Our Kristine Pearson recently returned from Zambia where she trained Taonga technical staff and teaching mentors in the Southern Province in the use and care of the Lifeplayer MP3. Some grades of Taonga Market still continue to be broadcast on community radio stations, but often at times not convenient for the young learners, especially during the hottest time of the day. Throughout the rainy season walking to class on muddy roads is impossible, as is learning outdoors. The Lifeplayer helps to overcome weather obstacles, in that lessons can be listened to in the mornings when children have more energy and the heat isn’t as oppressive, or when it isn’t raining.
A retired Ministry of Education official who continues to work with Taonga learners in community schools said, “The Lifeplayer is truly a great device for us. It makes learning possible any time and if a child misses a class she or he can listen later and make it up. Children will be less likely to fall behind.”
The Lifeplayer is needed now more than ever. Stable, a new volunteer teacher (pictured here) remarked that the Lifeplayer would allow him to listen to the lesson first so that he could be prepared.
Your support is vital to sustaining our ability to provide these rural community schools with the Lifeplayer – a critical teaching tool for mentors and learners alike.
We’re very pleased to report that the consignment of Lifeplayer MP3s has arrived in Zambia, and is awaiting distribution. Our initial plan was to undertake distribution and training for the teaching mentors involved in late September or early October. However, in discussions with the Zambian Ministry of Education officials, it has been decided to move out the training closer to the end of the school year. The school year in Zambia starts in mid-January and runs through the first week of December, which gives a long break over the festive season. Moving the training dates is being done for two reasons: first, so that teachers can start afresh in the New Year with recently completed training; and second, to facilitate other teacher training programmes that are planned by the Ministry.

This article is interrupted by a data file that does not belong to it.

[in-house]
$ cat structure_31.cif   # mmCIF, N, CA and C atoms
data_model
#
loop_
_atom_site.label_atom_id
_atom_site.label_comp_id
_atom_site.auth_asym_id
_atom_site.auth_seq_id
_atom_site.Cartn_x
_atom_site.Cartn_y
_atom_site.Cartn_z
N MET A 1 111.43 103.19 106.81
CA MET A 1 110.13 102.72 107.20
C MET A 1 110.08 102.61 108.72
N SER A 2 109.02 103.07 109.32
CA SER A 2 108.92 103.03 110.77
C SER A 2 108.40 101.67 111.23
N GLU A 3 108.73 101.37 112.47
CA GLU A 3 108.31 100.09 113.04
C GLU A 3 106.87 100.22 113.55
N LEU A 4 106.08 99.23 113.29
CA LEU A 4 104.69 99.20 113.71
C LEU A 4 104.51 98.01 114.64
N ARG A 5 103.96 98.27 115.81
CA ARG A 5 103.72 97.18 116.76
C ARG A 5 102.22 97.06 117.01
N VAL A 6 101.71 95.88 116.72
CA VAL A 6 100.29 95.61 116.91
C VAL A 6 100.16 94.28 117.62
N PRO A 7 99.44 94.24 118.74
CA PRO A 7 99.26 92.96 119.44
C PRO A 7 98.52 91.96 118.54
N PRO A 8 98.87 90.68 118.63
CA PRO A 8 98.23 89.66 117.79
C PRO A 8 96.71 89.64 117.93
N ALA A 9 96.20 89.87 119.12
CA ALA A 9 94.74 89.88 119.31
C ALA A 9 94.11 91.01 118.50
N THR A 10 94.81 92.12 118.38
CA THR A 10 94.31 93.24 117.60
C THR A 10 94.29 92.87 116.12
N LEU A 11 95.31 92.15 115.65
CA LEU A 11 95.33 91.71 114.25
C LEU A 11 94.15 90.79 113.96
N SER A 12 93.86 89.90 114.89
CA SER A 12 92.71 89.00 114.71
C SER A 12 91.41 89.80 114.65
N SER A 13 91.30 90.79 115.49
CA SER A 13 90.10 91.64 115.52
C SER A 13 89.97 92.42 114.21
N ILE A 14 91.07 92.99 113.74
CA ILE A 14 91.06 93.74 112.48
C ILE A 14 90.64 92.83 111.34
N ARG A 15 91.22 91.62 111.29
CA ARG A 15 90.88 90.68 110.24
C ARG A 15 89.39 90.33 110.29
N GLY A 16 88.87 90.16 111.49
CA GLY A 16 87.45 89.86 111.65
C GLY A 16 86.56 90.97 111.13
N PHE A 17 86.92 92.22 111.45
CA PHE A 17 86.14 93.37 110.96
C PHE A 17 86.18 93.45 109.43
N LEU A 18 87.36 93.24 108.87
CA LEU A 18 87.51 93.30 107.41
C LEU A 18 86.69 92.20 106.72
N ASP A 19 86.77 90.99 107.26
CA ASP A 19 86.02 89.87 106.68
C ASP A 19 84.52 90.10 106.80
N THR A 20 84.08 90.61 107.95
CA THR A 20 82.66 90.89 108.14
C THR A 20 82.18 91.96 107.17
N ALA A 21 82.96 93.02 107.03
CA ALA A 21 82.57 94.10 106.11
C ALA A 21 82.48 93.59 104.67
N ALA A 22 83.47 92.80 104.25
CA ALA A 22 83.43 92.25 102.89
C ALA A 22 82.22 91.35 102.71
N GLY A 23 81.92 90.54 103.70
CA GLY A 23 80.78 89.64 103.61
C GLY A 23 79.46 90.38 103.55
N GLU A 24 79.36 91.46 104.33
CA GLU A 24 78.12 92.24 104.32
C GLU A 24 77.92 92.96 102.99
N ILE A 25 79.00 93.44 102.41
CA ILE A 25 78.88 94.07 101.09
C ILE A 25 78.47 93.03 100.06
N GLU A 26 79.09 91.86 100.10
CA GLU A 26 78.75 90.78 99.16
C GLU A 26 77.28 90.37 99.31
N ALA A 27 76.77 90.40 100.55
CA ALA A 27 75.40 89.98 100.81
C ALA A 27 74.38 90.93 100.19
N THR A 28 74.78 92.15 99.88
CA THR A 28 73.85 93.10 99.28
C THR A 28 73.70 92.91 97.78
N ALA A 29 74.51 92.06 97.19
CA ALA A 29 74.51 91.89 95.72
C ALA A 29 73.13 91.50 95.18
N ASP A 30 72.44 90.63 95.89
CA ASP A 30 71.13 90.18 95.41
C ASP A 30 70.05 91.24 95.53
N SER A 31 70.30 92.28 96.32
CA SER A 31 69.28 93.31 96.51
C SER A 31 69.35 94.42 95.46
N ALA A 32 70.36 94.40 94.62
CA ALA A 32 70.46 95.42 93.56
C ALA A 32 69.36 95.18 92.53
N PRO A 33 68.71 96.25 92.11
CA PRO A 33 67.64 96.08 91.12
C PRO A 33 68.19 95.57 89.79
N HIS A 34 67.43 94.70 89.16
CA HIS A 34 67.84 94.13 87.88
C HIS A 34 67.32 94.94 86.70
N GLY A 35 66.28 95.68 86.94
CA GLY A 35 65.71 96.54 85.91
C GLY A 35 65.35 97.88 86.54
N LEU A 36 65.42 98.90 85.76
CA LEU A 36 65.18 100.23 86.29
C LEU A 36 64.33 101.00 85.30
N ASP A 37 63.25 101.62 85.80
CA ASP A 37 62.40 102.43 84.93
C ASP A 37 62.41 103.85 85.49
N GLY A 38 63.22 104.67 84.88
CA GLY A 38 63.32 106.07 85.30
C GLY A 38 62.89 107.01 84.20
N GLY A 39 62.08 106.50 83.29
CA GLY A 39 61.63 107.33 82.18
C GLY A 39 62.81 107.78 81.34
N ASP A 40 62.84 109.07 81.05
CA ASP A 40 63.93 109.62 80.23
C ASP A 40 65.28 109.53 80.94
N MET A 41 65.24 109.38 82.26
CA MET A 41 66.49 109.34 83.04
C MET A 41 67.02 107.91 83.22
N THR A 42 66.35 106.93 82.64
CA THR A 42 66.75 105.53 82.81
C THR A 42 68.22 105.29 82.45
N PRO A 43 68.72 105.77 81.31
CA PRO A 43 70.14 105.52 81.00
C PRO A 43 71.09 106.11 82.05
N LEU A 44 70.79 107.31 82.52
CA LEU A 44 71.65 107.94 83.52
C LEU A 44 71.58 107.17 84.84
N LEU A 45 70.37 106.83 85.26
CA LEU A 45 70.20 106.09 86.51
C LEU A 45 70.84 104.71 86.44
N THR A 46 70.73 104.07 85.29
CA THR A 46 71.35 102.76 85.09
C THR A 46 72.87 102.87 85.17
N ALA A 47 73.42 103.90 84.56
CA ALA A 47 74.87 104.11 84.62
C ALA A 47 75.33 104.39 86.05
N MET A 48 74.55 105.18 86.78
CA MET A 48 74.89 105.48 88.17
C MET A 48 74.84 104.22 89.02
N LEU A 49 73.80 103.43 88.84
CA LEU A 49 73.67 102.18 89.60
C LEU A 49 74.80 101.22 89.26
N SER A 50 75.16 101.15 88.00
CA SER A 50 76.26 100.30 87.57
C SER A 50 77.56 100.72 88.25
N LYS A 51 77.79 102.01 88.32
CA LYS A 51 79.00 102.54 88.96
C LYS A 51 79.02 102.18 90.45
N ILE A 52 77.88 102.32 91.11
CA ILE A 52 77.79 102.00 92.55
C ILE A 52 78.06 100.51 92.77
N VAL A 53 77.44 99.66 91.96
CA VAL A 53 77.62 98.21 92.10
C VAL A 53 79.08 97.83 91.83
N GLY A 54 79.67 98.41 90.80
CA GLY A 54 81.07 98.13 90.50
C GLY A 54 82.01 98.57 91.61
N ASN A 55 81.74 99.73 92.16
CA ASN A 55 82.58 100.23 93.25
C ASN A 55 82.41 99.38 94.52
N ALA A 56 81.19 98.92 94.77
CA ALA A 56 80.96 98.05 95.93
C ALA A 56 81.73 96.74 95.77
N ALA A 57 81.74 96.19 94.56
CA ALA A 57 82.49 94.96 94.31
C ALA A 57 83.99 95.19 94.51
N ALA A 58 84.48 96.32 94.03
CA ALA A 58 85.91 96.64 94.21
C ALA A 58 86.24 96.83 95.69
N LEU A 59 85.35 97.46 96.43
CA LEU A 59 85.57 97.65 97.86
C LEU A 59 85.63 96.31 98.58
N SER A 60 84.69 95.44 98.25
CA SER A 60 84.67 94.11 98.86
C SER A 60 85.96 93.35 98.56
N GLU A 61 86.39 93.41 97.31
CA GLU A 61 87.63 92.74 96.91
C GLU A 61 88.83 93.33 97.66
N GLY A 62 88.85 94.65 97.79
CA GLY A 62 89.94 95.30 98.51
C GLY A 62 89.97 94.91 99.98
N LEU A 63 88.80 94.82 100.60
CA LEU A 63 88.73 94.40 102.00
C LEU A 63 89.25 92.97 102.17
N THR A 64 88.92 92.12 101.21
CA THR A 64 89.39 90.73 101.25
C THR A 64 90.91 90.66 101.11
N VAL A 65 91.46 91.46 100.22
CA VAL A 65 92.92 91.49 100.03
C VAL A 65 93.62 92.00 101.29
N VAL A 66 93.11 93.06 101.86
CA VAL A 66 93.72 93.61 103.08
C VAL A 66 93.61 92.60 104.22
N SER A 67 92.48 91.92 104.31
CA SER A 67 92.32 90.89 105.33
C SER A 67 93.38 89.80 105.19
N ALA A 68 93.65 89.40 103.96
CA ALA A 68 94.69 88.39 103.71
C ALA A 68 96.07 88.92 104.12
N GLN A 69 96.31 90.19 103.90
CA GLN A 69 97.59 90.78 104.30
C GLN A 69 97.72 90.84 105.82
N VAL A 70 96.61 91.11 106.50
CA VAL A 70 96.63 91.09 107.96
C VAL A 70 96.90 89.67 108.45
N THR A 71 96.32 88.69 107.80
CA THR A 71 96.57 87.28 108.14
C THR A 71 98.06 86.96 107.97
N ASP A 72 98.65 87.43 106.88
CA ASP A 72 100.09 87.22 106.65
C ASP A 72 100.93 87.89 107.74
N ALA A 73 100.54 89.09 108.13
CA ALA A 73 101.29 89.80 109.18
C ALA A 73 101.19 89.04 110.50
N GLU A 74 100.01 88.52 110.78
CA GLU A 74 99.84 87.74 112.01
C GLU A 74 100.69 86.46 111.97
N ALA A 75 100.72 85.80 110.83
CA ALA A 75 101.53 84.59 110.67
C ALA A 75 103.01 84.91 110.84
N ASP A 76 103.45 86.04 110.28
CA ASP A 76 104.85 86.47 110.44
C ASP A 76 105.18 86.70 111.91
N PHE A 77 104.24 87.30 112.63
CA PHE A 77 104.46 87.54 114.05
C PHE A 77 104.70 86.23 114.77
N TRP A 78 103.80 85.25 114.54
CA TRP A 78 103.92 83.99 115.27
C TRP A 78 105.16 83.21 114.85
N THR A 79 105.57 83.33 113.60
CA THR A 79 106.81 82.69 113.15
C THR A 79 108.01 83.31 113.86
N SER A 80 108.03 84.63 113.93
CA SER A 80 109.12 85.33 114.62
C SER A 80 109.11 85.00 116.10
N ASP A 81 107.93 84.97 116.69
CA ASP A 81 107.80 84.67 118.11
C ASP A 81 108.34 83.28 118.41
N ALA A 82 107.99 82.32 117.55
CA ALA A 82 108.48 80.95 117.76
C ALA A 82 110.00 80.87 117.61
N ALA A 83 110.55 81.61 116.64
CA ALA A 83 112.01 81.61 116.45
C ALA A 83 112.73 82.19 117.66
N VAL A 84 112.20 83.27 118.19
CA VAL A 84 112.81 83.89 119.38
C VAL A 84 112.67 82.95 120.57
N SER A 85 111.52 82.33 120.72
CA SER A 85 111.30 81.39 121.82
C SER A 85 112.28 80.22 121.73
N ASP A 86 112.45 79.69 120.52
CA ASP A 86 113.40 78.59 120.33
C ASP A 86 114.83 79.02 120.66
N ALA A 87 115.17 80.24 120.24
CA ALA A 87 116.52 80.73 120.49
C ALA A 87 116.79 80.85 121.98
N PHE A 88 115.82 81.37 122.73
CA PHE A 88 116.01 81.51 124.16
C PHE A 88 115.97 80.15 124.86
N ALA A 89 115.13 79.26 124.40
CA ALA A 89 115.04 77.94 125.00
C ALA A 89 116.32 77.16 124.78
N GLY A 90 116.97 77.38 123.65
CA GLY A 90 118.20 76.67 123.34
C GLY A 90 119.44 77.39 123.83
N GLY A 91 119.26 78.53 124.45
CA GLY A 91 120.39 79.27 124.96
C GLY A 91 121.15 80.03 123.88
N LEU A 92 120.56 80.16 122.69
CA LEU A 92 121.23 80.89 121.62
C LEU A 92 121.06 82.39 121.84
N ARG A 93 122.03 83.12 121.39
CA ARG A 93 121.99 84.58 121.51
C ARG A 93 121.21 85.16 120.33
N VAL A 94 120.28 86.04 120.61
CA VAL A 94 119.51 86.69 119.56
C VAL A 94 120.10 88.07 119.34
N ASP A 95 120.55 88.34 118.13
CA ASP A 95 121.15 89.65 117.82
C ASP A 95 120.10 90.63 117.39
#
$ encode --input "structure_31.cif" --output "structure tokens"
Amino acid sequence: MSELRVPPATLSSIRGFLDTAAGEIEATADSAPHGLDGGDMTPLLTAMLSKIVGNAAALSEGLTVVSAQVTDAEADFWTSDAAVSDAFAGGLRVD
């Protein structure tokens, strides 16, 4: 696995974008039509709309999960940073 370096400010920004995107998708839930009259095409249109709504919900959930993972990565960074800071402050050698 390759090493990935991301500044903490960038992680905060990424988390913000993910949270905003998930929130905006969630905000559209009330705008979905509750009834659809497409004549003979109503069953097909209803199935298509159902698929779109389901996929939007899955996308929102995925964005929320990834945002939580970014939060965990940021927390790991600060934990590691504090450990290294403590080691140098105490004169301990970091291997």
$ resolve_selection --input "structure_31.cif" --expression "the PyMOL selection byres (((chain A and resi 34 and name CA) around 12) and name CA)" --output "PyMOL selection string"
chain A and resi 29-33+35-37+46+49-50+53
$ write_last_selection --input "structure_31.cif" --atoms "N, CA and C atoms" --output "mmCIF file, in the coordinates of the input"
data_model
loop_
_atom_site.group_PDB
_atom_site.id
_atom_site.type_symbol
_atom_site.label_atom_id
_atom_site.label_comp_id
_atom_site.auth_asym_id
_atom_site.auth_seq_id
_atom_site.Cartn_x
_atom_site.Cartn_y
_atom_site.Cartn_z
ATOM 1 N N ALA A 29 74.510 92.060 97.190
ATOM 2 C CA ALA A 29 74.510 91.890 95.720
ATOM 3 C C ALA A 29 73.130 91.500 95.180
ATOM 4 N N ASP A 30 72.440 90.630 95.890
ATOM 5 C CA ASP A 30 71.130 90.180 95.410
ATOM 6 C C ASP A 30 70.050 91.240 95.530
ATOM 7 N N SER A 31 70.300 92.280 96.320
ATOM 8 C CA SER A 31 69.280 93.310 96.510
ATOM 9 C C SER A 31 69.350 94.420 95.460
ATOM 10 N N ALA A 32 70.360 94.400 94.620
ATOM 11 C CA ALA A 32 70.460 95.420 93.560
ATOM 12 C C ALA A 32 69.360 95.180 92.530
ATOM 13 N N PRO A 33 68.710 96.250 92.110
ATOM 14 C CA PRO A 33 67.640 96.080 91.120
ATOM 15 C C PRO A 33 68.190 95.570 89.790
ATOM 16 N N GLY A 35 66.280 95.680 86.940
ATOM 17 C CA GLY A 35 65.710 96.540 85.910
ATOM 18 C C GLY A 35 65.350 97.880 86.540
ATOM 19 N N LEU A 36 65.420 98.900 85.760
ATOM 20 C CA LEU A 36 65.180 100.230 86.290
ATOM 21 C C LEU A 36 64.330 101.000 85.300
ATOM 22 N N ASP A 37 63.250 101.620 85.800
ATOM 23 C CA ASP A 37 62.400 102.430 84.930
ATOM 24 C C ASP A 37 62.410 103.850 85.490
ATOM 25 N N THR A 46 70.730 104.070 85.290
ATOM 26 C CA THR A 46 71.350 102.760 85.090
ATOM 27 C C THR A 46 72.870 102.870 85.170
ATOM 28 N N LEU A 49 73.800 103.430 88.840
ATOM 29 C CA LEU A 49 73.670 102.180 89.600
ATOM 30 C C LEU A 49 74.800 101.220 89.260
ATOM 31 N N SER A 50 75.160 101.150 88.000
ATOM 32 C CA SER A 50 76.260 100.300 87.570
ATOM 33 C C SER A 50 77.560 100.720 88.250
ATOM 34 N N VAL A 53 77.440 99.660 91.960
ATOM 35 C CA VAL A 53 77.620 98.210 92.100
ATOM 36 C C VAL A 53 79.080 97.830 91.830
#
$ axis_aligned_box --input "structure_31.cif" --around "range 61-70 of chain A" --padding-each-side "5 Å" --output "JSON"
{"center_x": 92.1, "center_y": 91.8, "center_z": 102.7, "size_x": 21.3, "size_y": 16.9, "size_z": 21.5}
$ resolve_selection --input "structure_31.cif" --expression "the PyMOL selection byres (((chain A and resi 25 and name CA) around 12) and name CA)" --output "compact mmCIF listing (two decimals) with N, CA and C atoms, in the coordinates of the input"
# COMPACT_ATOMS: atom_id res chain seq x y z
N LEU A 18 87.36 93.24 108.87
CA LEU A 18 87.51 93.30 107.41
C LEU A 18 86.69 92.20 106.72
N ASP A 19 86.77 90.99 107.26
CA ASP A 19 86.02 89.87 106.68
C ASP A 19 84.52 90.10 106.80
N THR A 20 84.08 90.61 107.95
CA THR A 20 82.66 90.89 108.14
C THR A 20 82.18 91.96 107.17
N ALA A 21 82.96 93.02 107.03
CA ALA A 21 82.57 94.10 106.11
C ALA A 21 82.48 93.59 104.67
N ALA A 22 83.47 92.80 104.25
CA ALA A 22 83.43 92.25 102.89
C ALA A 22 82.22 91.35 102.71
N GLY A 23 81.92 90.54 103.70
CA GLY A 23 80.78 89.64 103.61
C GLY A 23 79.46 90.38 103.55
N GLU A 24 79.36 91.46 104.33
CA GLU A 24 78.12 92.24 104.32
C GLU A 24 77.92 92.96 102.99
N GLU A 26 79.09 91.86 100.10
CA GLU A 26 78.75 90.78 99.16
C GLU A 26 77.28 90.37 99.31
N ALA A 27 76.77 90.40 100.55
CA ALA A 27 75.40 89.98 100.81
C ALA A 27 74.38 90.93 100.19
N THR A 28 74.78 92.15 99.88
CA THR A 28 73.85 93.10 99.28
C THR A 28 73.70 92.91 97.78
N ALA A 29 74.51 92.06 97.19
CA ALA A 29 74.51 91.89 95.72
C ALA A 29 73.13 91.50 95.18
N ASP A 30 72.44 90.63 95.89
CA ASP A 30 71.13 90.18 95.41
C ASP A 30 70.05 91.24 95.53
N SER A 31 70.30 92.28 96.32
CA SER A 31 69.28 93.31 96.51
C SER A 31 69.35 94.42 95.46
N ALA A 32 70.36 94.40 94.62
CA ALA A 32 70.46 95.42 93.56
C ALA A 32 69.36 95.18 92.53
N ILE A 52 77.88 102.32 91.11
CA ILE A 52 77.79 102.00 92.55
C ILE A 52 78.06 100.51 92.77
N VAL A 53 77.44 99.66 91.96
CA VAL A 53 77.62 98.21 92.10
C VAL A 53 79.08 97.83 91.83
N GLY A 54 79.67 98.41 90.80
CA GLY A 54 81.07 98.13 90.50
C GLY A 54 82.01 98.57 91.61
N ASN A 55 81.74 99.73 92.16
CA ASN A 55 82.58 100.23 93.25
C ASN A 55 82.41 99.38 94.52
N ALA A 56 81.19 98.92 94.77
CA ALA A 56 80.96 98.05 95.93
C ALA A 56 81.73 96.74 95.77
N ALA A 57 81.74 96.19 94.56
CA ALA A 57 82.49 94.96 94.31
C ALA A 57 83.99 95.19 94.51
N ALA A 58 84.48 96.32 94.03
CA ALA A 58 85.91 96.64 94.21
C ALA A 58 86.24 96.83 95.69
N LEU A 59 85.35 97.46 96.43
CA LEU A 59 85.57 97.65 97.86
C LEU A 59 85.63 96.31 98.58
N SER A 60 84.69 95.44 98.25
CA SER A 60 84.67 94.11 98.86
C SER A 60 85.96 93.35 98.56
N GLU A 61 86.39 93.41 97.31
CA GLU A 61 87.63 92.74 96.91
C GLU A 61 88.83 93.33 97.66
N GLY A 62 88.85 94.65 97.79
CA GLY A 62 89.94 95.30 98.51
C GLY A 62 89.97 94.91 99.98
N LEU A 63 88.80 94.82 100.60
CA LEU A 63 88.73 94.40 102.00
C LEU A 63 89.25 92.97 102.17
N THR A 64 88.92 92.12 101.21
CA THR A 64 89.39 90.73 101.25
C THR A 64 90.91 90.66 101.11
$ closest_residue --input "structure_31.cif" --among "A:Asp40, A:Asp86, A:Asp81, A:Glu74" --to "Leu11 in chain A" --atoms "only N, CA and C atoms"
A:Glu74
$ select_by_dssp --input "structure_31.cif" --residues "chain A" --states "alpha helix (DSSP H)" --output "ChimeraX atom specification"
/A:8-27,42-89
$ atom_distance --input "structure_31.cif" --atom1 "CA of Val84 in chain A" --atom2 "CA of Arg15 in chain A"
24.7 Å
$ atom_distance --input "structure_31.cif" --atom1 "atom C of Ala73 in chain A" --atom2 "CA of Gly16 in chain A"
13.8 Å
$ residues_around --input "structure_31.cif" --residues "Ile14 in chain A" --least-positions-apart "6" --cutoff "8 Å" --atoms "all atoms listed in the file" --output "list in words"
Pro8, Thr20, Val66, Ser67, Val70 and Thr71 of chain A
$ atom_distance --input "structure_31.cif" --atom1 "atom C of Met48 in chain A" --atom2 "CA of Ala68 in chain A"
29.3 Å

Lifeline Energy supports the Learning at Taonga Market programme in community schools in the Southern and Eastern provinces of Zambia. Our Lifeplayers will be loaded with Taonga Market lessons that cover primarily the foundation grades (Grade 1 and 2) to start, although some schools will include material for higher grades.
You can be sure that we’ll keep you posted!
We’re excited to be sending a large consignment of Lifeplayer MP3s to support Learning at Taonga Market in Zambia. Through the generosity of GlobalGiving and other donors in both the USA and UK, Lifeline Energy is able to support community schools in the Southern and Eastern provinces. The Lifeplayers will be loaded with Taonga Market lessons mainly covering Grades 1 and 2, the foundation grades. Some schools also want to load Grade 7 as sometimes there are so few children who make it this far, that community schools can’t justify supporting a teacher. The Lifeplayer will enable these children to stay in school, complete Grade 7 and hopefully go onto secondary school.
We will keep you posted on the progress of the initiative throughout the year.